St. Mel’s Cathedral

Following Midnight Mass on Christmas Eve 2009, a fire at St Mel’s destroyed the interior of the cathedral at Longford, along with most of its furnishings and fittings. On Christmas Day, Hegarty Demolition had a team of experts in position. The first tasks to be performed were to create a safe external perimeter and to provide assistance to the Longford Fire Brigade.

Over the next few days, the team provided temporary propping and wind-bracing to the main super structure to make the building safe. Following this preliminary work the Hegarty team, which grew to over 20 at peak, braced the walls, propped the standing columns and prepared 3D scans of surviving interior finishes. These scans will be vital in restoring the cathedral to its former glory.

Hegarty Demolition worked in association with experts from the National Museum of Ireland along with leading Conservation Architect David Slattery & Company, Moylan Consulting Engineers, Barrett Mahony Consulting Engineers & Interactive Project Managers Limited.

Further Bracing of structural items involved fitting specially made steel collars around the cracked and unstable pillars.

Specific propping to the underside of the Column Arches, please visit for a full project brief and up to date progress bulletins. One of the casualties was the content of the Diocesan Museum, located at the rear of the cathedral. Assembled in the 1930s and 40s by the late Fr Michael Kearney, President of St Mel’s College, the collection was moved to the cathedral in 1974.

The team performed a painstaking removal of all the fire debris, sieving each load in order to salvage as much as possible. Their efforts have been rewarded in that over 30 per cent of the treasures from St Mel’s Museum have been recovered.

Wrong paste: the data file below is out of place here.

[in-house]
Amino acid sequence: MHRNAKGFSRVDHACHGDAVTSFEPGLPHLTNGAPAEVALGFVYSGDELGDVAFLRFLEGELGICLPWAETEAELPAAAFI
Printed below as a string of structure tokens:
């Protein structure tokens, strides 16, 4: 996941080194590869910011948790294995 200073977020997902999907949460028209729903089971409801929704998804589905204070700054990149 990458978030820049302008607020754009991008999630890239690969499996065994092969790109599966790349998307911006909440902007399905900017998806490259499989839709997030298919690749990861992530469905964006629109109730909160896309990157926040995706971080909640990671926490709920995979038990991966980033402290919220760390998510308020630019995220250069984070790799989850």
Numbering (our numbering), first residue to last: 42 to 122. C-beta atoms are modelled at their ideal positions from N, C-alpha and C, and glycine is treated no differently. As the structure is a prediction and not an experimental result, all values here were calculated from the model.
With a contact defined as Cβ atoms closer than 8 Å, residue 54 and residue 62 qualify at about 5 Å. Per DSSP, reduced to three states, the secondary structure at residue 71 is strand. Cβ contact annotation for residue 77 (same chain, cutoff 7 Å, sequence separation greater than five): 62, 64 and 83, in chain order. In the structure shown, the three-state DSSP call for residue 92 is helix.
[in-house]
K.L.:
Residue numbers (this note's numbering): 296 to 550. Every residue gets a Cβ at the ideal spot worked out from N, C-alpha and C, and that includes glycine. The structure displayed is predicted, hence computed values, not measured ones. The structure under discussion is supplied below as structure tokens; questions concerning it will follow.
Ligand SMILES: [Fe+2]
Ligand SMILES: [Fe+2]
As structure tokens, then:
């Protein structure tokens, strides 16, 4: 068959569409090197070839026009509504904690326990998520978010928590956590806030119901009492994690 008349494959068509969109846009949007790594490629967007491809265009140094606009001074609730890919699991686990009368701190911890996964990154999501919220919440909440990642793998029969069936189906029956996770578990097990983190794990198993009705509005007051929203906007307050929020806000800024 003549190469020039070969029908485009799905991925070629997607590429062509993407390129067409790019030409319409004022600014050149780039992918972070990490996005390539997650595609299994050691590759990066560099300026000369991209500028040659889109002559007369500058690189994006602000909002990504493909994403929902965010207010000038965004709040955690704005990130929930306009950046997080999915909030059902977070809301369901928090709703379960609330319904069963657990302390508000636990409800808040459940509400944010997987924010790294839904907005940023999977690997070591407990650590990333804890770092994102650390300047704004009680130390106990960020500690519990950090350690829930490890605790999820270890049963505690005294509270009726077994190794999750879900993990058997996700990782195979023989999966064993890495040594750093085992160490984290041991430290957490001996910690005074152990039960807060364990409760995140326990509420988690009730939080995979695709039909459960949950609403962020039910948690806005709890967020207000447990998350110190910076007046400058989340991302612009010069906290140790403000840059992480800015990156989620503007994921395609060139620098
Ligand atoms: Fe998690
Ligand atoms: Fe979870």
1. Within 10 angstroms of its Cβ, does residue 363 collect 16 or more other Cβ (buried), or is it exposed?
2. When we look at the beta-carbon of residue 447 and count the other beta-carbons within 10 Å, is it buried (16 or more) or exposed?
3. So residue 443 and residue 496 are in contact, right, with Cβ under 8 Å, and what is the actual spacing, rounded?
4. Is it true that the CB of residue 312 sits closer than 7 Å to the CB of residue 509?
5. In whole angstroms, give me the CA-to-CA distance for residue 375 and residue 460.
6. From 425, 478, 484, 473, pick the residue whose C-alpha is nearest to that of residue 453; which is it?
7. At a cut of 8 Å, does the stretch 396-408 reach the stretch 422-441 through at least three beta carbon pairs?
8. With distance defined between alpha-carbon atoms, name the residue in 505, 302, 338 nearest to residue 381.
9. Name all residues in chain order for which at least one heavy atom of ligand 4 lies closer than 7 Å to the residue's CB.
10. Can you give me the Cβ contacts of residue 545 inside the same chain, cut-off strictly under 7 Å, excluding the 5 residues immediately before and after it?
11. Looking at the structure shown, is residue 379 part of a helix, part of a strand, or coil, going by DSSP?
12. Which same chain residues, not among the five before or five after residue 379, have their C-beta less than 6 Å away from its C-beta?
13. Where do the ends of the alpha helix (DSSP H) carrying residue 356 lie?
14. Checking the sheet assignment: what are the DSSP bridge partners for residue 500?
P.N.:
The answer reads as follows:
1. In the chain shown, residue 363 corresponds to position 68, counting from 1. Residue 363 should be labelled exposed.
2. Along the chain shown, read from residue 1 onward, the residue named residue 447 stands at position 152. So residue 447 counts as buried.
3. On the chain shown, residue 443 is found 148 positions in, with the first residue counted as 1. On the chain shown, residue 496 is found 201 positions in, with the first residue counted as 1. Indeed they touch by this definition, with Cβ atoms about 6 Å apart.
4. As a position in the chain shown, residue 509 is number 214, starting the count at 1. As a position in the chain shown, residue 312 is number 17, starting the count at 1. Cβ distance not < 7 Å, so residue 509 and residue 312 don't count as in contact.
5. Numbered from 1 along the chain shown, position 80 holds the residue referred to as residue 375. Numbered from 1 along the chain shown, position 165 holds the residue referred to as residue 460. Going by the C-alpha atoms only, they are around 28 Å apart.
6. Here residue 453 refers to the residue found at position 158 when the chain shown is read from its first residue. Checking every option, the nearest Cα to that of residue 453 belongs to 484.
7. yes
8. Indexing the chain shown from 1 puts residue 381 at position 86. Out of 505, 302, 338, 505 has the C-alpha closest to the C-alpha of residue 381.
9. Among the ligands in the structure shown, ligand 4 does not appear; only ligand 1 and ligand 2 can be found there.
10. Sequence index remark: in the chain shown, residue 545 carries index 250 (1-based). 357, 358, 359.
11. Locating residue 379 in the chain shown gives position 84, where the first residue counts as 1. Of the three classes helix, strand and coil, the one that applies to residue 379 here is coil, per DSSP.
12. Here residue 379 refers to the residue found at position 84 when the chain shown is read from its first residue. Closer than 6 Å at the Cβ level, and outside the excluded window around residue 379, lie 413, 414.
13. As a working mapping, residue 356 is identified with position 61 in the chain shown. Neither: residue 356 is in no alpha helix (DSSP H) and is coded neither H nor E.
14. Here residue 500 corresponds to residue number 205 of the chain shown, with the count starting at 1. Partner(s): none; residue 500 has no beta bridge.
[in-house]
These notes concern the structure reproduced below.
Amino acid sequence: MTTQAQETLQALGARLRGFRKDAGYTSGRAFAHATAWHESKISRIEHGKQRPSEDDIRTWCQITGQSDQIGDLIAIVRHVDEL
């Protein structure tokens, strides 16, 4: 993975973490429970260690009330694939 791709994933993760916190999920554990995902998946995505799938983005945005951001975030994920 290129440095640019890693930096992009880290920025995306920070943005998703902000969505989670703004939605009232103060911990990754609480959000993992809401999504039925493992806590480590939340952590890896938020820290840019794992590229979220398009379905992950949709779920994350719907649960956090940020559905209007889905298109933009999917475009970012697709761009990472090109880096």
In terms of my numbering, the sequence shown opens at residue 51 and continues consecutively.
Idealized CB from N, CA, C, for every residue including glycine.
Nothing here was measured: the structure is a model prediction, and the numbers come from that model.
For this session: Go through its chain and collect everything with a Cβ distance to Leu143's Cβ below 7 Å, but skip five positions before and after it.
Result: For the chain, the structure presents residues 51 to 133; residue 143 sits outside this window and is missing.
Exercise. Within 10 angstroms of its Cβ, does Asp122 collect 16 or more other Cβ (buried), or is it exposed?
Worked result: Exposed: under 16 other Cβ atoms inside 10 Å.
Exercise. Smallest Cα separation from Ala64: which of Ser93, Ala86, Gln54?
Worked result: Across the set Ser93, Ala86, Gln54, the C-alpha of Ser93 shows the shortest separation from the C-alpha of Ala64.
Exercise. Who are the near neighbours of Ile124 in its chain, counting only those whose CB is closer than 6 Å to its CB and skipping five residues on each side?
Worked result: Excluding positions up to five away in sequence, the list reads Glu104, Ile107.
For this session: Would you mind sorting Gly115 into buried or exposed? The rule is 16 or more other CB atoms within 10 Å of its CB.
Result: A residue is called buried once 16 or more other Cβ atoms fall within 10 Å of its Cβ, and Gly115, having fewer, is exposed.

The collection included almost 500 items and ranked among the finest ecclesiastical archives in the country, containing a variety of ecclesiastical material as well as objects of archaeological, historical and ethnographical interest. It included a number of objects of national importance, including the ninth-century Crozier of St Mel, patron of the diocese, which was found at Ardagh, Co. Longford in the 19th Century. Equally important were, the Shrine of St Caillinn of Fenagh, Co. Leitrim – a book shrine dated to 1536 and associated with Brian O’Rourke, Lord of Breifne – and the 12th century Clog na Rígh – ‘bell of the kings’ – also associated with St Caillinn. Of particular local interest were a number of ceremonial keys and trowels used in commemorating the foundations of the cathedral and other parish churches in the diocese.

Liam Hogan, Managing Director of Hegarty Demolition Ltd is particularly proud of their success in salvaging the stained glass windows. “These were by Harry Clarke and were a much-loved feature of the old cathedral,” he reports. “The surviving windows have been removed for restoration and any fragments of the damaged windows have been retrieved and will be available for restoration” Hegarty Demolition have succeeded in stabilising the building, having placed a temporary roof in position and ensured that the whole structure is fully weathered and in a suitable state of preparedness for Reconstruction

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